So far, monetization of long-form video distribution has been the purview of over-the-top players like Netflix, Hulu and Amazon, and there, with the aggressive strategies of Google, Microsoft and myriad others in play, the money curve is sure to keep climbing. Hulu, for example, after registering a 60 percent jump to $420 million in revenues in 2011 logged an even bigger spike at 65 percent in 2012 with a reported $695 million in advertising and subscription sales.
So far, as Tom Morrod, director for consumer and media technology at research firm IHS notes, all the money flowing to providers from online video consumption is a drop in the bucket compared to traditional TV. In Europe, for example, the online video take adds up to about one percent of the overall media revenue pie, counting print, movie box office and everything else, compared to the 54 percent share represented by pay TV subscriptions.
“There’s very little money being generated right now from the multiscreen world, but there’s a lot of money going to the TV set,” Morrod says. But how long can things remain this far out of balance in light of other trends cited by Morrod and other researchers?
Among developed countries worldwide the average number of TVs per household has been at two or above since 2005, according to IHS findings, while the number of PCs per household has steadily increased to a total of two per household as of 2012. Meanwhile, the number of other devices capable of delivering video from the Internet, including smartphones, game consoles, connected set-tops and tablets, has gradually escalated to where, by the end of 2011, the total of such devices in all households in all developed nations matched the number of PCs, Morrod says.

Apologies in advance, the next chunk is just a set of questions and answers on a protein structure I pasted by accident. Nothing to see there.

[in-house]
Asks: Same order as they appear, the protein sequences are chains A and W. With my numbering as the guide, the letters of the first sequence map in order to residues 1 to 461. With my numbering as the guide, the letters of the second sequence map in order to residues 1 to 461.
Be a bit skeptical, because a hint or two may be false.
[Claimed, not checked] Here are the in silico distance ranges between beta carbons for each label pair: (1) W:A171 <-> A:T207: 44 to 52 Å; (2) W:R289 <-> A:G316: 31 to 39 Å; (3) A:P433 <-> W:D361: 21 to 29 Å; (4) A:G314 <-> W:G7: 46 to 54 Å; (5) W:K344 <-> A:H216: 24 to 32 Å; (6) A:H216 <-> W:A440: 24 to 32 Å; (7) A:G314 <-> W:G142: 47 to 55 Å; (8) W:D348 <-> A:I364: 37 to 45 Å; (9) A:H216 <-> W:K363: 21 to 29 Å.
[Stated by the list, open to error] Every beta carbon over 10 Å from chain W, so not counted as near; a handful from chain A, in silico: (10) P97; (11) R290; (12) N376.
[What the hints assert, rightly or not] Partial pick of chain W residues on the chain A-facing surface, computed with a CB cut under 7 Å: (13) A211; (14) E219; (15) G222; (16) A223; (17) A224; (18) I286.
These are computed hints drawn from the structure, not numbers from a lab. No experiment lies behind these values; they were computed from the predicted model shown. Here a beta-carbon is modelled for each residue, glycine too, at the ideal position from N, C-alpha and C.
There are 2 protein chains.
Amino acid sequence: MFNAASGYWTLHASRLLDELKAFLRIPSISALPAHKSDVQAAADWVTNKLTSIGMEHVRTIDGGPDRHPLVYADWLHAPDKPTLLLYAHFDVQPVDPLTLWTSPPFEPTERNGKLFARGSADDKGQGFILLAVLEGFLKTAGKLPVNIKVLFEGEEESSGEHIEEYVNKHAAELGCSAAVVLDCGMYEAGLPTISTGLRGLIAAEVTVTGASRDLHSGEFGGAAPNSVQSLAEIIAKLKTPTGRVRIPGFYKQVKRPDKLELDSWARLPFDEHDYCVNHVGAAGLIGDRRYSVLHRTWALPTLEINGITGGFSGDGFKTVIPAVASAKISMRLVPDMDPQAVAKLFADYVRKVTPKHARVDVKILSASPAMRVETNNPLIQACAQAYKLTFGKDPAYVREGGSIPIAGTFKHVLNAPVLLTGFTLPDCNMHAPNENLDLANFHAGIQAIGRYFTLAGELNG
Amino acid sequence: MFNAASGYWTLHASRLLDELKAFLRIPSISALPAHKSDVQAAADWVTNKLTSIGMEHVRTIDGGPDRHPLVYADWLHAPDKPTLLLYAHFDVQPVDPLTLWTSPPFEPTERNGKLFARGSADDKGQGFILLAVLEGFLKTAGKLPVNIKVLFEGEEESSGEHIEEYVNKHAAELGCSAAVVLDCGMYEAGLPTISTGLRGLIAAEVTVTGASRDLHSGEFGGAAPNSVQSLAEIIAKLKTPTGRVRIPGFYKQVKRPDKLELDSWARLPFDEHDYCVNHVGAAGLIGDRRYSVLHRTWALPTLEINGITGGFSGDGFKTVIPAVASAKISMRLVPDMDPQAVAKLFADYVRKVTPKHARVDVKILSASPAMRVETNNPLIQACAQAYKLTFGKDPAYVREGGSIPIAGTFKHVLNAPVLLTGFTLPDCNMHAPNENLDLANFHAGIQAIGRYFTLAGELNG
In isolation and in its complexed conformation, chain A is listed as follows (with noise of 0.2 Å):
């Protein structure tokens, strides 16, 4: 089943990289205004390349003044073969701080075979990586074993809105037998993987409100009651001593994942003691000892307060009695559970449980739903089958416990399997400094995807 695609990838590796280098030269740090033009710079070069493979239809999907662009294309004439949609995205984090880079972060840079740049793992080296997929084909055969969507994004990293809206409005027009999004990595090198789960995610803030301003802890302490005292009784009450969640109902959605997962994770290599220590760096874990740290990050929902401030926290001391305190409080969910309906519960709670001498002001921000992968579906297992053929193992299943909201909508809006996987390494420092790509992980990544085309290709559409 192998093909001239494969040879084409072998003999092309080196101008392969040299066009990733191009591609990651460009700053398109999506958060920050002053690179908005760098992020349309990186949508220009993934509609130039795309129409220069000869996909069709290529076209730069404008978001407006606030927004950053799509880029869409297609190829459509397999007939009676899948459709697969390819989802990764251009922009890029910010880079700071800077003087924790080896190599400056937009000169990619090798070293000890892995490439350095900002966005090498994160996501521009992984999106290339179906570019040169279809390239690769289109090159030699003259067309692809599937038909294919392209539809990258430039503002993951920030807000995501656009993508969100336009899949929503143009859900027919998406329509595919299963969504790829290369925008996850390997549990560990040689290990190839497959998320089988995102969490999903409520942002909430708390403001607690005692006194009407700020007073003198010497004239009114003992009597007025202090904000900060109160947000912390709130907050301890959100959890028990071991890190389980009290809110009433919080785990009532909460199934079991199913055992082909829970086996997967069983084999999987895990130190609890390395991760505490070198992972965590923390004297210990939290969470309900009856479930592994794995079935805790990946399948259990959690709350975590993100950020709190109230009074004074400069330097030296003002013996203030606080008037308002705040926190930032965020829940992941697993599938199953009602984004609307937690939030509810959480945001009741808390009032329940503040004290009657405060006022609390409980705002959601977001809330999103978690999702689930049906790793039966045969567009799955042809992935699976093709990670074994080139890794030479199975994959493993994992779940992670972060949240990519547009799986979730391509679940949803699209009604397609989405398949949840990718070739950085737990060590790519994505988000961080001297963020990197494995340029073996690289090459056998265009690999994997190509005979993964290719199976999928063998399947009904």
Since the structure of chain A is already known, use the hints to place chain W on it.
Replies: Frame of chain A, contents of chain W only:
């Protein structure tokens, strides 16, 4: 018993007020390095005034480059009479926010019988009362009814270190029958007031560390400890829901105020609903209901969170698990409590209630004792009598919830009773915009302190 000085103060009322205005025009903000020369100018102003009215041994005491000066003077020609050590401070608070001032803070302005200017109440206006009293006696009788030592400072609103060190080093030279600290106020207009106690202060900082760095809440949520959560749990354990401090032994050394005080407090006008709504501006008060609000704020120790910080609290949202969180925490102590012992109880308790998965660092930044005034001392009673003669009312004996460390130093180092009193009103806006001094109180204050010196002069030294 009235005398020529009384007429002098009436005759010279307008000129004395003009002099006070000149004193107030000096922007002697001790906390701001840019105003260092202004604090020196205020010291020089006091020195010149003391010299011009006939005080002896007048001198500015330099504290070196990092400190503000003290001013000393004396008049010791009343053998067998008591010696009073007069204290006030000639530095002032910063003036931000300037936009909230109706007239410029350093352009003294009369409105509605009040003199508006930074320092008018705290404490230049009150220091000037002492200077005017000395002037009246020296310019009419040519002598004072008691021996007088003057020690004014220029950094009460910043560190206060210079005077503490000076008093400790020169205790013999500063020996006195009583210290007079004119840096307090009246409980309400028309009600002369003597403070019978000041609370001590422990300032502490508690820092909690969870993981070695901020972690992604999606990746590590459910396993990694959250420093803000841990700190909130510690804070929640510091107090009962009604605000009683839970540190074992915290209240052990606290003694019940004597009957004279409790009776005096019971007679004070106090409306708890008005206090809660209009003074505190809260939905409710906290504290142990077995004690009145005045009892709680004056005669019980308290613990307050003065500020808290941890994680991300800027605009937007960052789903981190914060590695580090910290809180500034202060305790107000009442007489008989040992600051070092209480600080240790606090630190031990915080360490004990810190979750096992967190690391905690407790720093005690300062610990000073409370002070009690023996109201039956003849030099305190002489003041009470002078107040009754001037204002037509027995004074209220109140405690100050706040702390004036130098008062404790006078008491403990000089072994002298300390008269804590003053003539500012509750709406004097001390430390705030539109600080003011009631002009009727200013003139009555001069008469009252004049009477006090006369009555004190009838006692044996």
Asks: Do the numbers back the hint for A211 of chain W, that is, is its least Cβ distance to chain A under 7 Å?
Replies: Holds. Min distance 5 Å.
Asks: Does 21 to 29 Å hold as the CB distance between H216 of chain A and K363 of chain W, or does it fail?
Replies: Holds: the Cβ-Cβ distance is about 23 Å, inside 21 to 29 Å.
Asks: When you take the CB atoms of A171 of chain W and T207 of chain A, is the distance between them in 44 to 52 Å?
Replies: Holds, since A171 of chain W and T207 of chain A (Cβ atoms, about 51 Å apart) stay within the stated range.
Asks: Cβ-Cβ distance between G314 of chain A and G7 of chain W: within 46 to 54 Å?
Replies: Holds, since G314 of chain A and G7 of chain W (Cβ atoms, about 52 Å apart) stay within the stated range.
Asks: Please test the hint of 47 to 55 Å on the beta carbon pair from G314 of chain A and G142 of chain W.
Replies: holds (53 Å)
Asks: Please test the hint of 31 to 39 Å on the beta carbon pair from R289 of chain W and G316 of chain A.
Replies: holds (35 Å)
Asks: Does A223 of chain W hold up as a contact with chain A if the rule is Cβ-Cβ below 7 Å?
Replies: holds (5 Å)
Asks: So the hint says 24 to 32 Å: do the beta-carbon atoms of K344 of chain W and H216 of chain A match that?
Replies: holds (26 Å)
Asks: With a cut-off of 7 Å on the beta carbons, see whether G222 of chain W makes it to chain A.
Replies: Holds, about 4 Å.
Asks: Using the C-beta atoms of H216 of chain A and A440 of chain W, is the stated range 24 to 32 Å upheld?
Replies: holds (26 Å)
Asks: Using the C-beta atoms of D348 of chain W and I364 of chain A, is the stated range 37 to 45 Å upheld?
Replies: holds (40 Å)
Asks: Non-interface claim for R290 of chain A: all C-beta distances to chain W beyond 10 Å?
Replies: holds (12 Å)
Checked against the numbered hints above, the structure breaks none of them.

“Within another few years we’re going to have more of all those different connected device types added together than the sum of TVs and PCs added together,” Morrod says.” What this is really showing is a huge fragmentation of device types consumers can use to watch content.”
Just how rapidly that fragmentation is impacting consumption habits in the U.S. can be seen in research performed by Leichtman Group, which found that the proportion of U.S. adults who viewed Web video on their TV sets at least once a week had gone from five percent in 2010 to 13 percent in 2012, while the percentage who viewed full TV shows online weekly on all types of devices had gone from six percent to 16 percent over the same timeframe. In a similar vein, Parks Associates last year found that the percentage of smart TV owners who watch online TV shows daily was at 32 percent.